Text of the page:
News / Events
VGMC approves Farmton
By Pat Hatfield BEACON STAFF WRITER
March 25, 2010
The meeting began at 7 p.m. March 24. Testimony, questioning and discussion went on until after midnight. At the end of a five-hour meeting, the Volusia Growth Management Commission (VGMC) voted to grant the Volusia County request for the most sweeping land-use change in Volusia County history.
The subject was the Farmton tract. A land-use plan will allow up to 10 times the residential density previously approved for the land — up to 23,100 homes and 4.7 million square feet of non-residential use, on 47,000 acres of what has been agricultural, forestry resource and wetlands stretching from Edgewater south to Brevard County. The tract has been owned by the Miami Corp. since the 1920s, and has been used for tree farming and hunting.
The next step for the county will be to send the plan back to the Florida Department of Community Affairs (DCA), which oversees all land use within the state. When the DCA reviewed the plan in December, it sent back a report filled with the recommendation to Volusia County, "Do not approve."
The Volusia County Council voted to approve the plan Feb. 18, after some modifications were made.
Staff planner Barry Wilcox gave commissioners an overview of the plan and recent changes to it.
"Your decision on this tonight is significant," he said.
The plan calls for two phases of development.
The first phase, through 2025, will allow a maximum of 4,692 residential units and 820,217 square feet of commercial, business and other non-residential use. The remainder will be allowed in a second phase stretching to 2060.
However, under recent changes to the plan, no more than 2,287 residential units can be built until Volusia County Schools finds there is sufficient classroom space for the additional students.
The school district, which had lodged an objection earlier, said there is currently enough capacity in the school system to accommodate the first 2,287 residences.
Wilcox noted that the City of Edgewater will supply water to the first or "gateway" phase to be developed, adjacent to the city.
Farmton engineers and hydrologists reported there will be around 9 million gallons of water a day to supply the development and possibly other utilities.
The St. Johns Water Management District has not performed a water study on the site, and cannot verify this, said Peter Brown, the district's non-voting representative to the VGMC.
Wilcox noted, "To address the lack of data and analyses available at this time," regarding water, transportation and other issues, another review process will be required.
Farmton owners or developers will have to come back to the VGMC with a master development of regional impact (DRI) plan, then with incremental plans along the way.
DRIs are large-scale developments which affect a number of jurisdictions. Agreements and coordination for traffic, utilities and other impacts by a number of agencies are necessary.
The VGMC does not usually review DRIs. This will be something new. Regional planning councils coordinate these reviews.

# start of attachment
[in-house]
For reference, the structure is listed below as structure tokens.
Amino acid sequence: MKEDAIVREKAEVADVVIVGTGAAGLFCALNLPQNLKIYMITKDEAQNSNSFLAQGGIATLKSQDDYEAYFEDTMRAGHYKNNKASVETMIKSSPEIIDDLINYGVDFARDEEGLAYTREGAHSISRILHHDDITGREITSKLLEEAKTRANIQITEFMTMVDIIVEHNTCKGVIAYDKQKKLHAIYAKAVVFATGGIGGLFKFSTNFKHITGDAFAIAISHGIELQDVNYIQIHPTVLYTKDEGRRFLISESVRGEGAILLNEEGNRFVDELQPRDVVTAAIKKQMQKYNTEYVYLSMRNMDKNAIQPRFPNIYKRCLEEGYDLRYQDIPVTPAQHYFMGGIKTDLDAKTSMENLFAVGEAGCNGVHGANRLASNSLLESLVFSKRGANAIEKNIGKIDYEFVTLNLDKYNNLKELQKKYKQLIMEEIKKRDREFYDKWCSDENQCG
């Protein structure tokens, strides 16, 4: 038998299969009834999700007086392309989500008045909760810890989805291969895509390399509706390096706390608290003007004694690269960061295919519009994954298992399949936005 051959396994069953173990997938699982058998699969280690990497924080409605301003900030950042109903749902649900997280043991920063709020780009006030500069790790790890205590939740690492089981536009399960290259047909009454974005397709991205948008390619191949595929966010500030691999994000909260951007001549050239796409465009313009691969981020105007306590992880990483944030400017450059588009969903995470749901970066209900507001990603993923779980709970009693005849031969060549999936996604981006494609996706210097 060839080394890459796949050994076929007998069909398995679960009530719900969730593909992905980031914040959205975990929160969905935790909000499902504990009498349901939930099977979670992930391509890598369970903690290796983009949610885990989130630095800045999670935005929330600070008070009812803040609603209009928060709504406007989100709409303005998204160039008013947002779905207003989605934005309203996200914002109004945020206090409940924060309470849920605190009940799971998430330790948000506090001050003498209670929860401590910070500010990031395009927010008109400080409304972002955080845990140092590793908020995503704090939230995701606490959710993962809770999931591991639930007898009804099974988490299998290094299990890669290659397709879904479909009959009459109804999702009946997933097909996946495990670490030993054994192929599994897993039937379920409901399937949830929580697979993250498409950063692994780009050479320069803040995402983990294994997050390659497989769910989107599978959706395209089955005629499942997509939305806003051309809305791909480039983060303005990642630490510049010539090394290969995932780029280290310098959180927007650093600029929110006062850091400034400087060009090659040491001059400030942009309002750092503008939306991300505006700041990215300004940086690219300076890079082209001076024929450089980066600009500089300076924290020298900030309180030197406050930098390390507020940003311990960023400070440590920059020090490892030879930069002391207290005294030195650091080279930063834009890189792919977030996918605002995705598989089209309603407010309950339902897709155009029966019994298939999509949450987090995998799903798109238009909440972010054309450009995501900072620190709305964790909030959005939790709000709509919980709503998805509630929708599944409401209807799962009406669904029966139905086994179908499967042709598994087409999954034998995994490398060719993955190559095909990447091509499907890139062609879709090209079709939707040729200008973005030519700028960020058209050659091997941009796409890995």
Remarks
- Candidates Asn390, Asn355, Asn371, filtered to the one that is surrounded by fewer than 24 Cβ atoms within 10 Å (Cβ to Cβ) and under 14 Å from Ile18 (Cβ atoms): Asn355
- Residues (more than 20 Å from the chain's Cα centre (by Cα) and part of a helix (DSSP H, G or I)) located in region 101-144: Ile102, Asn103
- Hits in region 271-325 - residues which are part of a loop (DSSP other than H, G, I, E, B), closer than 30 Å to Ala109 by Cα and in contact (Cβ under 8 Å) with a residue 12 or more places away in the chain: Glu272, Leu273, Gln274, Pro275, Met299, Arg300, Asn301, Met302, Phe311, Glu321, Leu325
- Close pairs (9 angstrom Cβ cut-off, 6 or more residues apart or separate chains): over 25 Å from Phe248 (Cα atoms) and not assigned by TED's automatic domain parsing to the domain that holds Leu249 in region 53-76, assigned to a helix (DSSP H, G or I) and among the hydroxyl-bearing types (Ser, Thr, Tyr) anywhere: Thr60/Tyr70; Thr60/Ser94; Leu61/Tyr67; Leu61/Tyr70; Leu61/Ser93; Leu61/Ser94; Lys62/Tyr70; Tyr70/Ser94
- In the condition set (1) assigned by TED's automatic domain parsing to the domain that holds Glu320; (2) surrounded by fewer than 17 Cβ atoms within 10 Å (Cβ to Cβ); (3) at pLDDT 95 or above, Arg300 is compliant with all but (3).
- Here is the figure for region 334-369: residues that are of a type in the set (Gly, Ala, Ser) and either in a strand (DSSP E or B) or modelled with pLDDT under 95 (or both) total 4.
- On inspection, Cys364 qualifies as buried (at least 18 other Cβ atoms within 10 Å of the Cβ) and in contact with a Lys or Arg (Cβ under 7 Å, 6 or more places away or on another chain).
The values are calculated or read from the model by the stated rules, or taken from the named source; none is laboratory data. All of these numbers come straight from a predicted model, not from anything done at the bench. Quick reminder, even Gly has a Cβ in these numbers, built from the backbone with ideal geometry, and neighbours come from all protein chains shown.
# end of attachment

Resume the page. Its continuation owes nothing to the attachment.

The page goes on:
With the DRI process, the school district satisfied, and a memorandum of understanding executed between the county and the City of Deltona, which had lodged objections to the Farmton plan earlier, Wilcox said the plan had overcome VGMC staff objections.
Attorney Jamie Seaman, speaking for Volusia County, accepted the latest amendments to the plan. She said there would be "no significant adverse impacts" from Farmton beyond its jurisdiction.
Attorney Glenn Storch, representing the Miami Corp., said the owner accepted the final version of the plan, as well.
He noted he had been "consensus building" for four years on this plan.
The Farmton plan includes provisions for up to 77 percent of the property to be put into conservation agreements or easements, contingent upon approvals of the plan.
The commissioners aired the same pros and cons they heard during public input, at which 40 people spoke.
- The promise of jobs to be created by businesses coming into the development.
- Participating in a visionary plan for development, rather a hodgepodge of development.
- Protection of lands through the conservation easements.
- The DRI process to monitor the development plan.
- No objections now from adjacent jurisdictions or the school district.
- Lack of sufficient data to make an informed decision.
- Too many factors to be determined later, and vague language in the amendment.
- Concerns about wetlands and building in the 100-year flood plain, which encompasses 72 percent of the site.
- Negative impacts to wildlife habitats and corridors.
- Probable negative impacts on neighboring jurisdictions from traffic.
- Increased water consumption in the county, when localities are already being directed to find alternative-water sources.
Attorney Tanner Andrews alerted the commissioners that the memorandum of understanding related to Deltona's withdrawal of its objections to the Farmton plan "now appears to be challenged in court."
He gave Chairman Gerald Brandon a copy of the suit he filed March 23 on behalf of growth-watcher Barbara Herrin and the Edgewater Citizens Alliance for Responsible Development against the City of Deltona. The suit charges that Deltona city commissioners violated the Sunshine law when they denied public participation before they voted to approve the memorandum. Herrin and the group filed another lawsuit against the County of Volusia March 15, stating the County Council violated the county charter by approving the amendment before it went to the VGMC.
In the end, the motion to approve the land change passed, with 13 commissioners voting to approve the plan, and five commissioners voting no.